For 1932 skate rink, a faithful owner
Color washed over the waxed skating rink floor as a lone discoball slowly spun, shooting colorful light across the smooth floor.
“Oh boy, this is my favorite part,” owner Roger Lloyd said as he turned to an employee. “Alright Junior, now turn on track 89.”
Music poured over the smooth floor, washing over the expanded ceiling still in place from when the rink was a movie theater. Stringed lights and glowing wall decorations slowly followed suit, accompanying Lloyd’s favorite skate song.
Carman Roller Skating Rink opened its doors for the first time in 1932. Lloyd is the second owner since its original creation. As a mailman, security guard, substitute teacher and manager, it wasn’t unusual for Lloyd to find himself needing work for only a few weeks back in the ‘70s.
“I was only 13 years old and I would walk down the avenue to come skating,” Lloyd said. “I looked up and said, ‘Oh Lord, one day … one day I want to own this place.’”
The once-romanticised building quickly began to lose its magic for Lloyd once it became a hotspot for drugs and violence, he said. Lloyd recalled a manager selling drugs through the ticket window.
A string of luck and a little bit of faith put Lloyd in a position to eventually buy the place in hopes of cleaning it up. The self-proclaimed man of faith believes a lot of his fortune is that of a greater power.
“I must have talked to every representative, vice-president, loan officer and teller in Philadelphia,” said Lloyd. “When I finally signed the biggest stack of papers I have ever seen, I got the keys and paid off the loans just two years later.”
“People get complacent with God,” Lloyd added. “Sometimes they don’t realize he puts you through tough times so you remember you can call on him whenever you need him.”
The strength he vicariously lived through has persevered through more than just financial woes. A broken heater, a failing economy, a drug infested neighborhood and a year in the Vietnam War tested his willpower.
Coming back from his stint in the war, he knew that purchasing the rink would be his medium to spread his faith. With that in mind, he started the Gospel Rolling Skating in 1983. The impromptu group was set in place to bring his two passions together.
However, the first few attempts only produced five familiar faces.
“That third night, I had said a little prayer,” Lloyd said. “I said, ‘Lord. I want to do this your way, but I need your help.’ I came out the door and looked down the hall and found 20 people wanting to skate … I said ‘Thank you Lord.’”
Lloyd said word spread quickly and the club was a hit. Friends and family were constantly filling up the rink to make this unlikely combination – faith and skating.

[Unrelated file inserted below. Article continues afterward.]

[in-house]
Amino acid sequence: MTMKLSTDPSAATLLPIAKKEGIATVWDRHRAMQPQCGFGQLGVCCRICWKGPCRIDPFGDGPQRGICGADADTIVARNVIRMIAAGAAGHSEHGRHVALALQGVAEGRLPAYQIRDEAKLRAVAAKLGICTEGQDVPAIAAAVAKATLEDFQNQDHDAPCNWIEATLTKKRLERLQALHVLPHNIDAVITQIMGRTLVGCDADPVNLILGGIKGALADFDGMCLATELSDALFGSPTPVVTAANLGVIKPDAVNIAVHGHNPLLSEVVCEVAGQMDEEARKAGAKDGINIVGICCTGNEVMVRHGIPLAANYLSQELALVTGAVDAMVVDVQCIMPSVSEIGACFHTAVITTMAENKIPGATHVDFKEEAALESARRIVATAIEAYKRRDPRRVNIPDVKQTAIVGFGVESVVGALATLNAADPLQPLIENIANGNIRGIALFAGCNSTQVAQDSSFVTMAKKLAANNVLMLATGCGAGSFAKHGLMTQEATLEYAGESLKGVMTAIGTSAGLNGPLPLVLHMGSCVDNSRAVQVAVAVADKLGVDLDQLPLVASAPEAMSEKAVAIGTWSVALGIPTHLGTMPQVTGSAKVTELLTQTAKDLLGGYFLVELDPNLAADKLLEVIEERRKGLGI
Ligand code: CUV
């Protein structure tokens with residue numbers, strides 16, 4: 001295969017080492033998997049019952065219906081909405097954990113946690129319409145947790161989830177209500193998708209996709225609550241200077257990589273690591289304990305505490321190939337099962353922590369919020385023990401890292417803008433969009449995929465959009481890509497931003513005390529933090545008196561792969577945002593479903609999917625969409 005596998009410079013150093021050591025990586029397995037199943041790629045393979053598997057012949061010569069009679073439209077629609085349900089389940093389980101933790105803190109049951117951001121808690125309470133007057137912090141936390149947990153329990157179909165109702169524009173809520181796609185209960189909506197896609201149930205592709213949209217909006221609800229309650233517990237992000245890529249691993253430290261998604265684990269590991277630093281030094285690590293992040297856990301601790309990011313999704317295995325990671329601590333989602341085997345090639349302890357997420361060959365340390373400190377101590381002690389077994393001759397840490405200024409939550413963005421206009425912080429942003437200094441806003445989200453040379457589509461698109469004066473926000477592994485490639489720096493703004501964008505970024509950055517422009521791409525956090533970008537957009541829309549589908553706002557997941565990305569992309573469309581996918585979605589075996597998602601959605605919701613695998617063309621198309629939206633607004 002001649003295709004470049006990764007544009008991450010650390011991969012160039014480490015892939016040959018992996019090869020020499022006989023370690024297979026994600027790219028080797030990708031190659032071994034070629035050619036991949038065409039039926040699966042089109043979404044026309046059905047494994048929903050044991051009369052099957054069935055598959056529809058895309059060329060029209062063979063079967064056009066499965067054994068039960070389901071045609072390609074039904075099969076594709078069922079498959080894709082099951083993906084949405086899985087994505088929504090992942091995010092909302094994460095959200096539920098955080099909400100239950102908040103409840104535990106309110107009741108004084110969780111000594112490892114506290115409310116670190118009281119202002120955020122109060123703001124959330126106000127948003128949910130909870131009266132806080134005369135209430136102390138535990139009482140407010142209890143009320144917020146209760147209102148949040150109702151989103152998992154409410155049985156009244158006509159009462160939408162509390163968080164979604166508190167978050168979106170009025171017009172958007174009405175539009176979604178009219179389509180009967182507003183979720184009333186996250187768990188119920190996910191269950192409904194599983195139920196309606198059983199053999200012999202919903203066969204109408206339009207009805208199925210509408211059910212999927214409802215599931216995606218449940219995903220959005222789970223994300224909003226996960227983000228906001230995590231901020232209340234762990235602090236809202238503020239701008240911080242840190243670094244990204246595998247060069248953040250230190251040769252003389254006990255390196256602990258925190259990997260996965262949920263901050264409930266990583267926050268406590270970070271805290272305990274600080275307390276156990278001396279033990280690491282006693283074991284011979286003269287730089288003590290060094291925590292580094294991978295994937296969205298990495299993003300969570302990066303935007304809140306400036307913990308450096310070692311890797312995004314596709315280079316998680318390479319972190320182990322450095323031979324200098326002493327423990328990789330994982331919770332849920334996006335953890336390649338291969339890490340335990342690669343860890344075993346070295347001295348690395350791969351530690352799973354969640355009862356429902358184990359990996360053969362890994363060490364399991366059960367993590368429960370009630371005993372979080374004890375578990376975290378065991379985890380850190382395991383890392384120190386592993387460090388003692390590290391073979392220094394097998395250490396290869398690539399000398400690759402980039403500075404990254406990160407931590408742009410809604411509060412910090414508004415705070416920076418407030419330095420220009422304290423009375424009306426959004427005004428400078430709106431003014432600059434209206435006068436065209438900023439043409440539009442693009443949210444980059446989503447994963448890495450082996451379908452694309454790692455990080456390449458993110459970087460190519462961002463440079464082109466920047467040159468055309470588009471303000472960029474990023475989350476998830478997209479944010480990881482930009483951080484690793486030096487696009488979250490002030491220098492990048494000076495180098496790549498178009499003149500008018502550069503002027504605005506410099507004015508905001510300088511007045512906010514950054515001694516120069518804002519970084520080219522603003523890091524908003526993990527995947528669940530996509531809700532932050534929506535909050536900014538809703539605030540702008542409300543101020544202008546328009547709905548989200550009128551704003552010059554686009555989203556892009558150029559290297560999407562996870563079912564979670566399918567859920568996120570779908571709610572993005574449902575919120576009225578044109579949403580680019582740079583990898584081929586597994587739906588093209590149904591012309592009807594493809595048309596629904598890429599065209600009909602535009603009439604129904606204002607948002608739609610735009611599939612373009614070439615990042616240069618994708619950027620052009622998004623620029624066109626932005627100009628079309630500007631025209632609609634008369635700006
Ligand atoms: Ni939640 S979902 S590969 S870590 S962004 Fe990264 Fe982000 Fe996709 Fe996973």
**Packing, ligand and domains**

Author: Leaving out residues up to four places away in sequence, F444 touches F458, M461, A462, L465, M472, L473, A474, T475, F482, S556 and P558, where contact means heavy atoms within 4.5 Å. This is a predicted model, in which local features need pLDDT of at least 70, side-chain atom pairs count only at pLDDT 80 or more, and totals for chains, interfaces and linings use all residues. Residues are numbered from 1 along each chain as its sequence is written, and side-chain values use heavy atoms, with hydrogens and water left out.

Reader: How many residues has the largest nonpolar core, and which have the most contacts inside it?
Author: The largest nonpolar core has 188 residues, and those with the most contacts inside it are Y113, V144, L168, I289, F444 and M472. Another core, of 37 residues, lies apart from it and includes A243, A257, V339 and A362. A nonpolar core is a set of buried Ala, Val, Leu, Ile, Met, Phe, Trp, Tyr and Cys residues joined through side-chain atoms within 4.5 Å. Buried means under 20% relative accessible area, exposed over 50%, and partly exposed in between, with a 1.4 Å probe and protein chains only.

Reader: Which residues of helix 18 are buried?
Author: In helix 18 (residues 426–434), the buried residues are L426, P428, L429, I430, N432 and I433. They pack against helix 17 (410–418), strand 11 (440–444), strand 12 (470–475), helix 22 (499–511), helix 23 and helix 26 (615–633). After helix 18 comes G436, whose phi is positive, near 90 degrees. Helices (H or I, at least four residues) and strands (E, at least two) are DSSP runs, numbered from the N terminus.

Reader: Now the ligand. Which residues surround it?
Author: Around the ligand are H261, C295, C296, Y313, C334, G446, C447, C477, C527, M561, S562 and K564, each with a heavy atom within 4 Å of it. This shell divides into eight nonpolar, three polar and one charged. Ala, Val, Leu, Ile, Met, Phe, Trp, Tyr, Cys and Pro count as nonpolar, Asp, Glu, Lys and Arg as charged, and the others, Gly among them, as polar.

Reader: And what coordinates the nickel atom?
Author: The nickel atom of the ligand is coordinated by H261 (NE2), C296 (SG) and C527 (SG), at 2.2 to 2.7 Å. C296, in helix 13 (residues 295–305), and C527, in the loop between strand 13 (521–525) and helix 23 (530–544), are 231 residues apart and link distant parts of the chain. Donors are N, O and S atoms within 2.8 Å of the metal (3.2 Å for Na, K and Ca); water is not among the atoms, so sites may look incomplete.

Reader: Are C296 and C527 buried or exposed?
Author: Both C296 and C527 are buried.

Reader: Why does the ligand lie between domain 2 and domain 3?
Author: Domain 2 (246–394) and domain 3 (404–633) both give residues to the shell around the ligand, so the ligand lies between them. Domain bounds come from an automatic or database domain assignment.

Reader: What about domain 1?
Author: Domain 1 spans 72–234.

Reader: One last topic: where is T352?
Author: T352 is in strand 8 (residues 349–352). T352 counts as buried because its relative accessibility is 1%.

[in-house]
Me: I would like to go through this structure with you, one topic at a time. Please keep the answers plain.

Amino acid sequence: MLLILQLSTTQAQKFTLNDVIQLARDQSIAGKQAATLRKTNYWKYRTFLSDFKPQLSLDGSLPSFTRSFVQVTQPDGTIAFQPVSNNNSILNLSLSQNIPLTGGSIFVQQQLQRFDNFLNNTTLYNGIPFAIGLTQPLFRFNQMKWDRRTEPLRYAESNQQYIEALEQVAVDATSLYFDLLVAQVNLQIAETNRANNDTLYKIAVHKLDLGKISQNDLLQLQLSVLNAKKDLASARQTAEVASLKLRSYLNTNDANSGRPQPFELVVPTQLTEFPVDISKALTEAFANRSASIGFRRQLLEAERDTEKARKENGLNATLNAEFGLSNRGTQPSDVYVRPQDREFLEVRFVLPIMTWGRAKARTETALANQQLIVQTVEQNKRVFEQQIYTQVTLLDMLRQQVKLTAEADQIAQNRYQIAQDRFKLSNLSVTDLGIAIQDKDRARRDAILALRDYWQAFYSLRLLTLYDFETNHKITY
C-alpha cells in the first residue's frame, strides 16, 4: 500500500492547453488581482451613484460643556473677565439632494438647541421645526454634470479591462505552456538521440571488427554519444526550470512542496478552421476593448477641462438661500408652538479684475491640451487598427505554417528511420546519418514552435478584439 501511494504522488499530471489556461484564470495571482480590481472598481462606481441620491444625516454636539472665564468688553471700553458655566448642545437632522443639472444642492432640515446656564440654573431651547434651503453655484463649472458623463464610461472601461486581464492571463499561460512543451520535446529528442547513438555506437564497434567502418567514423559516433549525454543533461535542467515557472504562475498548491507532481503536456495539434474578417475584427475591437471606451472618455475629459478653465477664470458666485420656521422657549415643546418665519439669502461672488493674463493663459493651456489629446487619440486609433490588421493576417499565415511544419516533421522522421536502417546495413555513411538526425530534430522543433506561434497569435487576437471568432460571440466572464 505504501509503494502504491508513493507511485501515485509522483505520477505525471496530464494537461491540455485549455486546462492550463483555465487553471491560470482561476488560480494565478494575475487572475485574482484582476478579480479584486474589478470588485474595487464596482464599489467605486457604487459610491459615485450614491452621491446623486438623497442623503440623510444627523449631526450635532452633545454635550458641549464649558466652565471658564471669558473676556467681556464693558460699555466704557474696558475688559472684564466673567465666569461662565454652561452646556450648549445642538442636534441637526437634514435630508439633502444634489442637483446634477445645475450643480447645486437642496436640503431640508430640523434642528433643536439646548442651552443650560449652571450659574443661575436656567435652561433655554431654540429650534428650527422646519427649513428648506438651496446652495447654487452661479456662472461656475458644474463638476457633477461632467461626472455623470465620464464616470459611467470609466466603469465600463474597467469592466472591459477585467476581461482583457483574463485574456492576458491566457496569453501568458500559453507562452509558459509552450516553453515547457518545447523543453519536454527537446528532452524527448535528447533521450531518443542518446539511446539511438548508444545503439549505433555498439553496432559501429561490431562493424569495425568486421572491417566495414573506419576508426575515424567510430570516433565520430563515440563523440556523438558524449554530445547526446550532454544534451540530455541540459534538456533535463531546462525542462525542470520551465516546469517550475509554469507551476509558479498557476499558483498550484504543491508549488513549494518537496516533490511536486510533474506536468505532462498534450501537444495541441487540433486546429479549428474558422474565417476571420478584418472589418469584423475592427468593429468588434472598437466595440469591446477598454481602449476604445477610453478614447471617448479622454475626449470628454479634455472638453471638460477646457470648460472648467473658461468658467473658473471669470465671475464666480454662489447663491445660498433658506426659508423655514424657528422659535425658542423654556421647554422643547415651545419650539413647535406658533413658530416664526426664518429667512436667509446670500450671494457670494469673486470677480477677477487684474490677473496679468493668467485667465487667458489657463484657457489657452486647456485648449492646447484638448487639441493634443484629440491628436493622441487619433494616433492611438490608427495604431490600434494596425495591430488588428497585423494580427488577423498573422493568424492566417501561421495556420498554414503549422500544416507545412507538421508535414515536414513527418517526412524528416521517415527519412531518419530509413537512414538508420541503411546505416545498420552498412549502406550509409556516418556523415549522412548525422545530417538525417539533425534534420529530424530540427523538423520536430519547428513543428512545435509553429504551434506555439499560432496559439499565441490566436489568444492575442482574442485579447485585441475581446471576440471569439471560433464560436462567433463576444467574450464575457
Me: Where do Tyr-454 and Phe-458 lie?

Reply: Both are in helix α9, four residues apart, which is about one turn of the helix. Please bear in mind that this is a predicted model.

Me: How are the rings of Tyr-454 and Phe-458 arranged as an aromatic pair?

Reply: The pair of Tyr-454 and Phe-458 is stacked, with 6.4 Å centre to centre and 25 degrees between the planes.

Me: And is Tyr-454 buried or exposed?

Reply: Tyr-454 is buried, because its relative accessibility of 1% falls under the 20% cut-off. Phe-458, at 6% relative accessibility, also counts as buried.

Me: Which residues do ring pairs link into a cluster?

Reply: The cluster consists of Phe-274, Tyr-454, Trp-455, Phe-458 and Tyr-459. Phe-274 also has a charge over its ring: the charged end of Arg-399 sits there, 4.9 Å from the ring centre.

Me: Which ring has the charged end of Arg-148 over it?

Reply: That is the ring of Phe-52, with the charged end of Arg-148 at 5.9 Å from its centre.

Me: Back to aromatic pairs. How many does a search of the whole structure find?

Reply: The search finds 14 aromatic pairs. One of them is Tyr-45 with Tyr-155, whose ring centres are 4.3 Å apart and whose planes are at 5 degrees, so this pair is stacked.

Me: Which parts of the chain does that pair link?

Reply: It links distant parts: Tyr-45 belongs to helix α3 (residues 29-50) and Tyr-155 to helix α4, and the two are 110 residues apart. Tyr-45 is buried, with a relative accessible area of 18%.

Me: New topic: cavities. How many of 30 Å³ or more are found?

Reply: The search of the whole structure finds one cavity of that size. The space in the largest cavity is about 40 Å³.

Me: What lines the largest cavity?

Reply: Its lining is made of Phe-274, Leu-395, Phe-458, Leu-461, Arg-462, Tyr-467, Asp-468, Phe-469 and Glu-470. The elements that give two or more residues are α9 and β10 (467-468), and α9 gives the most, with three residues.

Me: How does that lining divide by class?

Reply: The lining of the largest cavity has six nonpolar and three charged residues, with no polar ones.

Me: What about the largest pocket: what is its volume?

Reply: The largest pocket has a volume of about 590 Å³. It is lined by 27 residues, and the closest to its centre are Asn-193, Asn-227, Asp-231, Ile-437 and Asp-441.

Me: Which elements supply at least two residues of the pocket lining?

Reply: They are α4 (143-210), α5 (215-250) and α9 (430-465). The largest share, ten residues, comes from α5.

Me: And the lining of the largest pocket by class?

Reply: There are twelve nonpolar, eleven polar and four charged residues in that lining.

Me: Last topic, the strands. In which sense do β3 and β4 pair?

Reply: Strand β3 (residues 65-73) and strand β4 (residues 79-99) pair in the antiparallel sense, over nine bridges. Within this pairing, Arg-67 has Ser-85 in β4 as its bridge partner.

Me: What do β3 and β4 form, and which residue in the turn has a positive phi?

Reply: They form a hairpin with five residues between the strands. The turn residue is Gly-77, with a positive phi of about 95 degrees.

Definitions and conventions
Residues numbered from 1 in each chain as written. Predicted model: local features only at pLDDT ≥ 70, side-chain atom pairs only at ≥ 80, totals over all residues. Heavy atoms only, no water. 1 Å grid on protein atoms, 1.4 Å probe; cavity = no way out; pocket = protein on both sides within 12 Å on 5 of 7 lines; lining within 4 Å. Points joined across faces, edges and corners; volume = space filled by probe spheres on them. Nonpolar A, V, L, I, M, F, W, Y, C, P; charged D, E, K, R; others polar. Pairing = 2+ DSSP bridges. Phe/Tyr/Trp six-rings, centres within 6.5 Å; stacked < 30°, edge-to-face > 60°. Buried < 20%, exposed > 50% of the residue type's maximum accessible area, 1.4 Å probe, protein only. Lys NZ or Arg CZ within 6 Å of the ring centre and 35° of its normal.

“I had ministries calling me asking ‘Why are my kids bringing their skates to church? Do you really skate from 1 [p.m.] to 5 [p.m.]?’” Lloyd said. “My response was ‘Yes they do.’”
Other events like the ‘Who can skate from 8 to 8?’ marathon helped keep the rink financially stable and involved with the community. This was important to Lloyd, as this was also the neighborhood he lived in. He recalls many nights breaking up gang fights only to come out to busted windshields.
“We used to roll out a red carpet for the kids,” Lloyd said. “They used to fly right through the door with their skates on, pop right onto the rink.”
“These are the kinds of things the kids never forget,” he added. “These are some of their favorite memories.”
While shaping the childhood of his customers, Lloyd was also busy making his fondest memories. His investment in a stretch limousine not only added a bit of class to his already popular birthday parties, but turned out to be an integral part of developing a working mother’s dream.
“I had a young lady, she was 65 years old and all her kids skated here,” Lloyd said. “One of her kids came up to me and said ‘I want to do something nice for my mother but I don’t have a lot of money.’ I looked at him and knew I had the perfect thing for her.”
Lloyd set up a reservation at a restaurant and planned on taking the mother and the eight kids out for a night on the town. He recalls waiting at the door when the mother came down the stairs and yelled out, ‘Now where’s your car at boy?’”
The son pointed out the window at the limousine and said, “Mom … here is your car, right here.”
“She started crying,” Lloyd said. “This is a woman who worked all her life taking care of her kids, just trying to make it.”
The night moved on with dinner, flowers and a ride around the city. Once home, the mother pointed at Lloyd and told the kids to go inside so she could “talk to this man.”
“I remember thinking to myself, ‘Oh Lord, now what?’” Lloyd said. “She came up and hugged me and said, ‘In my 65 years, this is the best thing that has ever happened to me.’”
“I’d have given it to her for nothing,” Lloyd said with tears in his eyes. “Cause that … is priceless.”
Patrick McCarthy can be reached at email@example.com
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